“Mara! Get away from the door!”
I fell back, and as if lifted by a whirlwind, spun down the corridor until the points of my shoes caught in the swirling hems of my skirts and tripped me to the floor. Lying winded for a moment, I glanced around for my doll. She was gone! I looked back and saw her small dark shape lying in a wand of firelight that flashed along the upright edge of the door, wedging it open upon the private chambers of the Countess Orzsebet.
I crept forward thinking that I might have time to quietly retrieve her, when someone in the room snatched her up.
There was a flicker of silence. Then, the door slammed open, and in that shaft of light, the profile of a beautiful mask appeared, surrounded by an elaborate circular neck ruff. A glimmer of bright fabric rained down from the mask to the floor, and a single hand curled there around the handle of a long whip. The mask slowly turned to face me, its eyeholes stared in my direction, and the ruff fanned out around its head like the neck feathers of a great bird of prey. The figure drew swiftly back into the room and out of sight, only to reappear and gaze at me again.
Captured in the beams of what I knew were the Countess’s eyes, I froze like a mouse in the witch grass waiting for the descending hawk. She walked toward me with a smooth, gliding step that reminded me of the serpent that slithered into my chamber in the night and hid beneath my bed to escape the winter cold. The eyes behind the holes of the mask bore down upon me, baleful and fiery blue.
She towered over me holding the bloodcurdling cattail aloft. As if she carried the fire within her, the mask glowed hot, motes of light sparkled in her red-gold hair, her jewels twinkled like dragon’s eyes, and her ruff stood out around her head like the rays of the rising sun. The voice of this glowing creature was hollow, distant, and cutting as the north wind.
“Mara, you are forbidden to enter here. If you tell anyone what you have seen in my private chambers, your fate will be thus.”
She snapped the whip. I shrieked. She threw my doll at my feet, wheeled around, and floated back to her chambers. The long train of her gown was stained crimson and left a faint odor of blood in the air.
The corridor was dark and very cold. My doll lay face down on the tiles like a fragment of torn shadow. Her dark hair was tangled, her dress that was copied after mine, was draggled and ripped. My gaze still fixed on that fateful door, I picked her up and beheld a dire warning.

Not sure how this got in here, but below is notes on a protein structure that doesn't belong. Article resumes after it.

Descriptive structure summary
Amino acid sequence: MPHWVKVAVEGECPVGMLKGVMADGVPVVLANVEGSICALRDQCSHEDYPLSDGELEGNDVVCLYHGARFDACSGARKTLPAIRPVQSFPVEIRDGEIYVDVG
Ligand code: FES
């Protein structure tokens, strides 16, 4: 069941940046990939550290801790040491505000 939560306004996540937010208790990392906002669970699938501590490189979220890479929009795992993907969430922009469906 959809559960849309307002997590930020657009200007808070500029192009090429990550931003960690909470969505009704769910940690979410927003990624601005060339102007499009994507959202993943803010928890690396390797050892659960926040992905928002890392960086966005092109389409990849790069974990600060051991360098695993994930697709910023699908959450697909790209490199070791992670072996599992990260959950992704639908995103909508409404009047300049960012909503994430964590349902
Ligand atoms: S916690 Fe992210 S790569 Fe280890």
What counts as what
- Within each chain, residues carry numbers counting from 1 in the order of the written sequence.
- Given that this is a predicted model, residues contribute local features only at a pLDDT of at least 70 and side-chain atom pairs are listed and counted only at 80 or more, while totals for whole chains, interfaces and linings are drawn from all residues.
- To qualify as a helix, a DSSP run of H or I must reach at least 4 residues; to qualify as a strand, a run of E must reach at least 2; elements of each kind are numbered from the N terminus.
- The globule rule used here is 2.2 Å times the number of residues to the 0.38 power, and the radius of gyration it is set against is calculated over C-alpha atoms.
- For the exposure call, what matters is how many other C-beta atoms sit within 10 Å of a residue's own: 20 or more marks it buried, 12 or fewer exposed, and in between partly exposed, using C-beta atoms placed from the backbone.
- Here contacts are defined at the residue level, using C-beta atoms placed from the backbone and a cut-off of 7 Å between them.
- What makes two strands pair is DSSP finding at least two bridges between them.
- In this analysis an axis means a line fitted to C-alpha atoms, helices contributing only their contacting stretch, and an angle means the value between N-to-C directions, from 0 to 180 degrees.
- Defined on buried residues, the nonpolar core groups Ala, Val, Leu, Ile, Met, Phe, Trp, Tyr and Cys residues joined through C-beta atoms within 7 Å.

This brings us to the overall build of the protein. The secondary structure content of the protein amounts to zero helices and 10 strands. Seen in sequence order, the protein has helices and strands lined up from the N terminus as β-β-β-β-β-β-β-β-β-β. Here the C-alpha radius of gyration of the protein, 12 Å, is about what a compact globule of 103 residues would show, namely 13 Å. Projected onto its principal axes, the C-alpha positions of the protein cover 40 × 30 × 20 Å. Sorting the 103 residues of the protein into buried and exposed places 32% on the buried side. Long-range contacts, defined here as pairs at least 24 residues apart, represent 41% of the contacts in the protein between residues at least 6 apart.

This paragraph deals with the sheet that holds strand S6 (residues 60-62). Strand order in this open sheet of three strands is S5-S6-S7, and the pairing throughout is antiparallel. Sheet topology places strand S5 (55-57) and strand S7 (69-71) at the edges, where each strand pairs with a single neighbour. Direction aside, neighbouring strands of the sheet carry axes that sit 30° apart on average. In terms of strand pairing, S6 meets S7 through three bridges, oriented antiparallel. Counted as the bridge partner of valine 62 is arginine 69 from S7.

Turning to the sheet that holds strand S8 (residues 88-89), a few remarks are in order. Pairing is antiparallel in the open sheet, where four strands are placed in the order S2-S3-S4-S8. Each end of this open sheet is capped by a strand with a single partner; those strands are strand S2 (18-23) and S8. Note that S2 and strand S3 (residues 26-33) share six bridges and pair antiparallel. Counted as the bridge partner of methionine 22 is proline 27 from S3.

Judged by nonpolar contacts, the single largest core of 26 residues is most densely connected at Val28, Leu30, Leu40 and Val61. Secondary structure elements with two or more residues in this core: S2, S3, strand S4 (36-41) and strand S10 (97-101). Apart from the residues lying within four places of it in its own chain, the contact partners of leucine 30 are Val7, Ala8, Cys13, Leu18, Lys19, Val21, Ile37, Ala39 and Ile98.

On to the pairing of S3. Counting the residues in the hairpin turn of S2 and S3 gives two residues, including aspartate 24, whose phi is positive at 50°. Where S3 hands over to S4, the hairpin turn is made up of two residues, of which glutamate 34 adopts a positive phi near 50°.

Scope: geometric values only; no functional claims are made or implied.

Someone had plucked out her eyes, and burned the sockets black.
I picked her up and ran as fast as I could down the rest of the corridor, almost slipped down a flight of wide, snow-glazed steps, crossed the courtyard of the unicorn fountain, and plunged through the vaulted arches into the dim winter light of the castle forecourt. My steps echoed as I raced across the flagstones, alarming the sleeping doves that scattered around me like a storm. When I arrived at the tall, heavy doors to my wing of the castle, the guard flung them open and stepped out of the way as if to avoid a leaping wild cat.
Once inside, I slowed my pace. Finally I arrived at the grand staircase that swept up to the galleries. My legs were heavy as I climbed into the gloom. The message of my doll’s blinding was painfully clear to me: if I ever tell what I had seen in the Countess’s chamber, she would blind me.
I pressed the tip of my tongue against my teeth to calm my stampeding heart. Why was I afraid? I was a Vadfarkas. A warrior. Though I didn’t realize it at the time, in my heart I knew I was locked in eternal battle with Countess Orzsebet, my mother.
I continued up to the landing. The floor stretched before me to the foot of an enormous tapestry that concealed the entrance to my tower. On either side of the tapestry were two stained glass windows that sparkled for a moment and then dimmed, telling me that the sun had just fallen below the rim of the Carpathian Mountains….